The Bakhmut Apocalypse

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Essayist and journalist Jean-François Bouthors examines the symbolic significance of this Pyrrhic victory, based on the capture of Bakhmut by Yevgeny Prigozhin’s militia. For him, the Wagner militia embodies a nihilism comparable only to the ideology of al-Qaeda and Islamic State (IS). It’s the cult of death in the name of a better future, and this cult is not new to the Russian tradition, as Dostoevsky’s novels attest. And the grip of this terrifying ideology on the Russian population will be felt long after the Putin regime is gone.

Last year, we saw the ruins of Mariupol, followed by those of the many villages that Russian artillery pounded to dislodge Ukrainian troops, until not a stone remains standing. Now there are those of Bakhmut, which had some 70,000 residents before the start of the war in Donbas. It’s forgotten, but Moscow had a revenge to take there. In April 2014, separatists aided by Moscow had seized this town almost without a fight, but in July, the Ukrainian army, though not what it has become today, took it back, after fierce fighting. The town was then called Artemivsk (Artyomovsk in Russian), a name it had been given in 1924 to honor the memory of Comrade Artyom, a Bolshevik close to Lenin. His real name was Fyodor Andreyevich Sergeyev (1883-1921), who had organized a military coup in Kharkiv in 1917, before holding high political office in the Donbas region, as well as in the Communist Party of Russia. In February 2016, the Ukrainian authorities returned the town to the name of Bakhmut, which it had borne since its foundation in the 17th Century.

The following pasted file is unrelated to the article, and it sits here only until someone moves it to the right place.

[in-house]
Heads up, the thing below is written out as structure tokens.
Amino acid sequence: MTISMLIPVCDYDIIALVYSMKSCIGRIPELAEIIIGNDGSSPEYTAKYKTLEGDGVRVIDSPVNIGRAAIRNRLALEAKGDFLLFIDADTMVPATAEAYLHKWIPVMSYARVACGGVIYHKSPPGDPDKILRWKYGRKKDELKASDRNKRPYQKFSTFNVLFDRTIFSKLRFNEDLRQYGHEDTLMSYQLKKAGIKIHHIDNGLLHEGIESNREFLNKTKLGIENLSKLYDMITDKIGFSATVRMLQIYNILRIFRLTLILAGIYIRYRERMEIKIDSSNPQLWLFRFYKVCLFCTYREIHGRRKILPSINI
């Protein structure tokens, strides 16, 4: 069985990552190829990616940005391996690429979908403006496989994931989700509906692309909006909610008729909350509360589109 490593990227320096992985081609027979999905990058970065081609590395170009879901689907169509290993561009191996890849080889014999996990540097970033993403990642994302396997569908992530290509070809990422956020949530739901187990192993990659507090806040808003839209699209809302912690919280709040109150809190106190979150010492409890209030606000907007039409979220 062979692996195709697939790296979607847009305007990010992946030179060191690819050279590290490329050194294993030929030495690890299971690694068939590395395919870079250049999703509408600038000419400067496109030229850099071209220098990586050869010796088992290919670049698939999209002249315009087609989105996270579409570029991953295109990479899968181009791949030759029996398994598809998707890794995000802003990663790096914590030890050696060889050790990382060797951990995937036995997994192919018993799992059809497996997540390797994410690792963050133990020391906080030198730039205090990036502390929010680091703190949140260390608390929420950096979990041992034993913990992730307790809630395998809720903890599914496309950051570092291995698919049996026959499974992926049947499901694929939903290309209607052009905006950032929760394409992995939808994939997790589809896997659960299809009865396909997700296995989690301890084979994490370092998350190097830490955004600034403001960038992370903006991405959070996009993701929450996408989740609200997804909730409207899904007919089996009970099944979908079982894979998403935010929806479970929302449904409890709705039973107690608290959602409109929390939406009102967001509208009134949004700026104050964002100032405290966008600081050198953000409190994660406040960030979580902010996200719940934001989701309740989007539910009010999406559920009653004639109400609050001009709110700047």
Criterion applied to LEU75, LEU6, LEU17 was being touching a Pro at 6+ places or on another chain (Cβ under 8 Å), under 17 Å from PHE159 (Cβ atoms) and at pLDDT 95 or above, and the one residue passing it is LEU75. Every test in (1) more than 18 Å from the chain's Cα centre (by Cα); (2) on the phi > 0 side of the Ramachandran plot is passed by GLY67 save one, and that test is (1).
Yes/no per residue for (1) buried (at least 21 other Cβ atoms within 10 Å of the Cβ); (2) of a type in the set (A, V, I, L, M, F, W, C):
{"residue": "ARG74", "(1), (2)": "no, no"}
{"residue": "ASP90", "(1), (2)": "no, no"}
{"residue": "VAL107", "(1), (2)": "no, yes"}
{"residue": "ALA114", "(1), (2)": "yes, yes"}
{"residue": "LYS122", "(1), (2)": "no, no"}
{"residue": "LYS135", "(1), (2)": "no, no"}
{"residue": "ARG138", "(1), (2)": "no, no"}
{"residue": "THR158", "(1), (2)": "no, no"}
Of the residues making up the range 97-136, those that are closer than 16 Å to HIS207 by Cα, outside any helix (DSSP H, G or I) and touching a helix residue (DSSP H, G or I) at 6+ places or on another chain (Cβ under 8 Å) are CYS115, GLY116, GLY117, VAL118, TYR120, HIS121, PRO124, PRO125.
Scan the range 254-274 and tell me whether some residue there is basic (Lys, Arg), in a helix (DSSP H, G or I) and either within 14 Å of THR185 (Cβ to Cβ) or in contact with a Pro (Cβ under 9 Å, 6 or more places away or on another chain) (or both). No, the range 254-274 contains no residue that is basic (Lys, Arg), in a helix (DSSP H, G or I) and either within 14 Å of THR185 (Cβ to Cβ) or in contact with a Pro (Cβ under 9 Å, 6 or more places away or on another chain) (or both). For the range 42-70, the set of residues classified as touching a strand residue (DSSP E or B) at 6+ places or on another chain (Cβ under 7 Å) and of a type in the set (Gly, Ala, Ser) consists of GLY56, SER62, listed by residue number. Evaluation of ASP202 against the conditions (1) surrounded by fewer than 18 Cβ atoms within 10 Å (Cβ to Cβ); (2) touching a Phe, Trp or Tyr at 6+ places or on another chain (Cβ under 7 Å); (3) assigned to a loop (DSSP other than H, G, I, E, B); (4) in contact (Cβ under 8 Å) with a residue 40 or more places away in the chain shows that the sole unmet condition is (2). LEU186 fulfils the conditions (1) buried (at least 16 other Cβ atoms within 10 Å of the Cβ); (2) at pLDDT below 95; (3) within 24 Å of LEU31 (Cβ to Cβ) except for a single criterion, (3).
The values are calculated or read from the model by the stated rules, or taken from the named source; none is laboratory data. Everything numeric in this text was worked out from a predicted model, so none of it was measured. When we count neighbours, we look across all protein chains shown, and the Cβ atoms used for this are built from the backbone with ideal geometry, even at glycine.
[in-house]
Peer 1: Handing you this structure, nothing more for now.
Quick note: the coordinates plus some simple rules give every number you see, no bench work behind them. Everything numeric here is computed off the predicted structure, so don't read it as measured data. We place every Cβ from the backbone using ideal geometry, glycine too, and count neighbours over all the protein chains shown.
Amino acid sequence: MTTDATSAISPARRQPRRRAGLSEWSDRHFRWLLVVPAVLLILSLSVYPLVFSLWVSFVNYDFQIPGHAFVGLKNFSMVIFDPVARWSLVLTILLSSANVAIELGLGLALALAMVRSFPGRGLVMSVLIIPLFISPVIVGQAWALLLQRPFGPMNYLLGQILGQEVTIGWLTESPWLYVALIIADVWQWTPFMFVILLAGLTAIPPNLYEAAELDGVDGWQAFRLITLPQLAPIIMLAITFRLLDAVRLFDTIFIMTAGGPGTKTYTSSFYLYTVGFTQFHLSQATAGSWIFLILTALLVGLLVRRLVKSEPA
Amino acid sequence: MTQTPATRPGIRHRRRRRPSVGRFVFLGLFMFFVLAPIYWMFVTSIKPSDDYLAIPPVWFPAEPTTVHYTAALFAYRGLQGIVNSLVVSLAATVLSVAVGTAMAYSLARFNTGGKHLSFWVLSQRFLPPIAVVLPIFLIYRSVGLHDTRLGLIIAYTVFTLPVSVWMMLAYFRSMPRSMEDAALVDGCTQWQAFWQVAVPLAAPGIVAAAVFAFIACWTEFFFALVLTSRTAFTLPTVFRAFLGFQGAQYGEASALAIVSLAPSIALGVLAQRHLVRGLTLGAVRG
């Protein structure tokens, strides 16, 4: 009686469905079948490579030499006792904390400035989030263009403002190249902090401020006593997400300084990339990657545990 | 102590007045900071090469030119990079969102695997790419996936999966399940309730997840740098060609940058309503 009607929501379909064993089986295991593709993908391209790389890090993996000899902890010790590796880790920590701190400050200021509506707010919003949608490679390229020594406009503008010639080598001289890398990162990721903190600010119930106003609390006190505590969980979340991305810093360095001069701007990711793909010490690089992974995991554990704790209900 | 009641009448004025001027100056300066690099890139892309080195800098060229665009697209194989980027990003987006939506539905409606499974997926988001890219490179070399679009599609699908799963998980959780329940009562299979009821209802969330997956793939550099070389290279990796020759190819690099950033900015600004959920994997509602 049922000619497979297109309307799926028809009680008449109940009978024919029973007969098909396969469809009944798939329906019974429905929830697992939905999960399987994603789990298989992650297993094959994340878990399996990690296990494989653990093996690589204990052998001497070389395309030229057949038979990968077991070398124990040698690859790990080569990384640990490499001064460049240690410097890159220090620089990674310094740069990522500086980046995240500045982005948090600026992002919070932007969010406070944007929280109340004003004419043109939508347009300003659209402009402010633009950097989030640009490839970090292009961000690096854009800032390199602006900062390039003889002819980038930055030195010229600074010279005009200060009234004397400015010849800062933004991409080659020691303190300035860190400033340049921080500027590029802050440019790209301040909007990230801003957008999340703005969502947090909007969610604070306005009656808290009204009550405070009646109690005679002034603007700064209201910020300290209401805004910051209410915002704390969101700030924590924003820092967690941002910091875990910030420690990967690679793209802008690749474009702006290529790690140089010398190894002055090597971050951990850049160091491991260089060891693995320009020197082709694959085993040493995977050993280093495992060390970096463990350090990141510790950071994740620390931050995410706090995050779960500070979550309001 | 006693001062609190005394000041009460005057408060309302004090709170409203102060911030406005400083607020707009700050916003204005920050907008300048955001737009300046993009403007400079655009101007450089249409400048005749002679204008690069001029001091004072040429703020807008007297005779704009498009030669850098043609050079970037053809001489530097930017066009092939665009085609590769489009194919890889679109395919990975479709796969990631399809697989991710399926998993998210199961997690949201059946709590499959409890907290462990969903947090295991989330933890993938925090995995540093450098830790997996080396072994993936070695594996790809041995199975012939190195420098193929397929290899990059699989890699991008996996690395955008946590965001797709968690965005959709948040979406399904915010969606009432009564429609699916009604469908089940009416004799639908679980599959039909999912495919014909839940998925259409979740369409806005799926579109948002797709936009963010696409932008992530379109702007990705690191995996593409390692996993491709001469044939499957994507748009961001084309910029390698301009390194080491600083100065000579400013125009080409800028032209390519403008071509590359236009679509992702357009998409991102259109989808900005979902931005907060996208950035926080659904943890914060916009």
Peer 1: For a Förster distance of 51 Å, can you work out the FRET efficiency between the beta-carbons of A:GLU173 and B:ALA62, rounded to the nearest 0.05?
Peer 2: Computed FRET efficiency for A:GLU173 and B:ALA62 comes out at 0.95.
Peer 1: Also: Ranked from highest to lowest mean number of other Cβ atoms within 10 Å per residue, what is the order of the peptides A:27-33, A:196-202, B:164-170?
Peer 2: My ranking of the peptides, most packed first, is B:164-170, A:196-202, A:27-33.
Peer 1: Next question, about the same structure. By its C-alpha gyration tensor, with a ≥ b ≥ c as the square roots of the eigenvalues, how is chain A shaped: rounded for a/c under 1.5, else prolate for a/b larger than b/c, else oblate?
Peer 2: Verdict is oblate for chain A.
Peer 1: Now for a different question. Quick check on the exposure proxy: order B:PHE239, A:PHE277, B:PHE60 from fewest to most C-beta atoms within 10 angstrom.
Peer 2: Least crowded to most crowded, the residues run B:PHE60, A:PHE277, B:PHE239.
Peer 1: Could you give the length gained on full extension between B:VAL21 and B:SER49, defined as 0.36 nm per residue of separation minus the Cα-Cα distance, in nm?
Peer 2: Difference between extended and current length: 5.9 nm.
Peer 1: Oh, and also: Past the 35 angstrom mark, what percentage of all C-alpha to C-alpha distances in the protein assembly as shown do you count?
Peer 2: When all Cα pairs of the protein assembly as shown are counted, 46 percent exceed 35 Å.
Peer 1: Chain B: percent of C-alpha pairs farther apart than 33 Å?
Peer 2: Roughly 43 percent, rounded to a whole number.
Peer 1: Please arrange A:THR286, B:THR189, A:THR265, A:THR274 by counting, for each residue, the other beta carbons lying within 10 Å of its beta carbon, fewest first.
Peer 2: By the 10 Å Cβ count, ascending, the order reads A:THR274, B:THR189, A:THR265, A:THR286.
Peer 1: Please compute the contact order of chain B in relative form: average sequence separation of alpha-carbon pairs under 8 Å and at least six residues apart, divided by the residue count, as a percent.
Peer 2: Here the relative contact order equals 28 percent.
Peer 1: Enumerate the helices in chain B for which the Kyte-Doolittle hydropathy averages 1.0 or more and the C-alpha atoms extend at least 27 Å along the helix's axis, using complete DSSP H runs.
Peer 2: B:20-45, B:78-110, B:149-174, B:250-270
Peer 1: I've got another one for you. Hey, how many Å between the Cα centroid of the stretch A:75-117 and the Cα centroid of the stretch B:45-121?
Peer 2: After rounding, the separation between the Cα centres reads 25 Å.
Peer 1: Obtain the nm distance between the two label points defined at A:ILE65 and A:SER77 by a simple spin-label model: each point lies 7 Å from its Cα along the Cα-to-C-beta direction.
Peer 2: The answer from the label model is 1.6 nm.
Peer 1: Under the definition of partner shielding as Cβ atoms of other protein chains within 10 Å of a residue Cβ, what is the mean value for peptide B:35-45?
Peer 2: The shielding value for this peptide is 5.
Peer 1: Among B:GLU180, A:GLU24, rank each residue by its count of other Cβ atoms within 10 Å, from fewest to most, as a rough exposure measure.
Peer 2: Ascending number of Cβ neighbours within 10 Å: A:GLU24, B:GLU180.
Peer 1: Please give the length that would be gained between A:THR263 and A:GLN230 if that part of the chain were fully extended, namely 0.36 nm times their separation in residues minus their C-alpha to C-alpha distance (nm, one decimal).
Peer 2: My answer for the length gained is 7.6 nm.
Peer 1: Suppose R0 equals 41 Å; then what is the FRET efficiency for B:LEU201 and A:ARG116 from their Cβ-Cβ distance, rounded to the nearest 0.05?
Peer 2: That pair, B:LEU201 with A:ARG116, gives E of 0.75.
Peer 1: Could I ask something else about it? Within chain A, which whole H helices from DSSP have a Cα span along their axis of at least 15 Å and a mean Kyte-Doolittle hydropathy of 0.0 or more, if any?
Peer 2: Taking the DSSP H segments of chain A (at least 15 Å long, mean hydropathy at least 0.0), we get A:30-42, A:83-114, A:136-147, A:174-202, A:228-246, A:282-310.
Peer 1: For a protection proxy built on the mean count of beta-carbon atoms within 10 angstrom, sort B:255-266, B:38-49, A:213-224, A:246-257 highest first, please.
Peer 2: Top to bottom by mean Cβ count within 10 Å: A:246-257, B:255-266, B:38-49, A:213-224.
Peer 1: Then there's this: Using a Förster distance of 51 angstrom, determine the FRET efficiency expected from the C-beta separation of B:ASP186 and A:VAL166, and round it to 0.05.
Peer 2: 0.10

By May 2022, the town of around 20,000 residents came under Russian fire. On August 1, Moscow’s troops, including the Wagner militia, launched an offensive to retake it, hoping to cut off important Ukrainian army supply lines and open the way to Kramatorsk — then a major command center for Kyiv forces across Donbas. It would also have opened up access to Sloviansk, following the capture of Severodonetsk and Lysychansk in early summer 2022. From Fall onward, Wagner’s chief Yevgeny Prigozhin made it his personal business to succeed where “Moscow bureaucrats” and Russian army chiefs had failed. Since then, the Battle of Bakhmut has become both an appalling human tragedy and a spectacle projected daily on screens the world over, via social networks and 24-hour news channels.

On this stage, Prigozhin has camped out day in day out, blowing hot and cold — and very often ignoble. He set himself up as President Zelensky’s media rival, in contrast to the Kremlin’s very “Soviet” communication style, displaying growing political ambitions, with decidedly populist overtones, even if it meant gilding his armor on the backs of Russia’s Defense Minister, Sergei Shoigu, and his Chief of Staff, Valery Gerasimov, by insulting them copiously. He even seemed, with barely concealed words, to take aim at Vladimir Putin, in order to obtain the extra ammunition and support he needed to conquer the whole city and proclaim that he controlled it “legally” — as if the most savage brutality should have the force of law.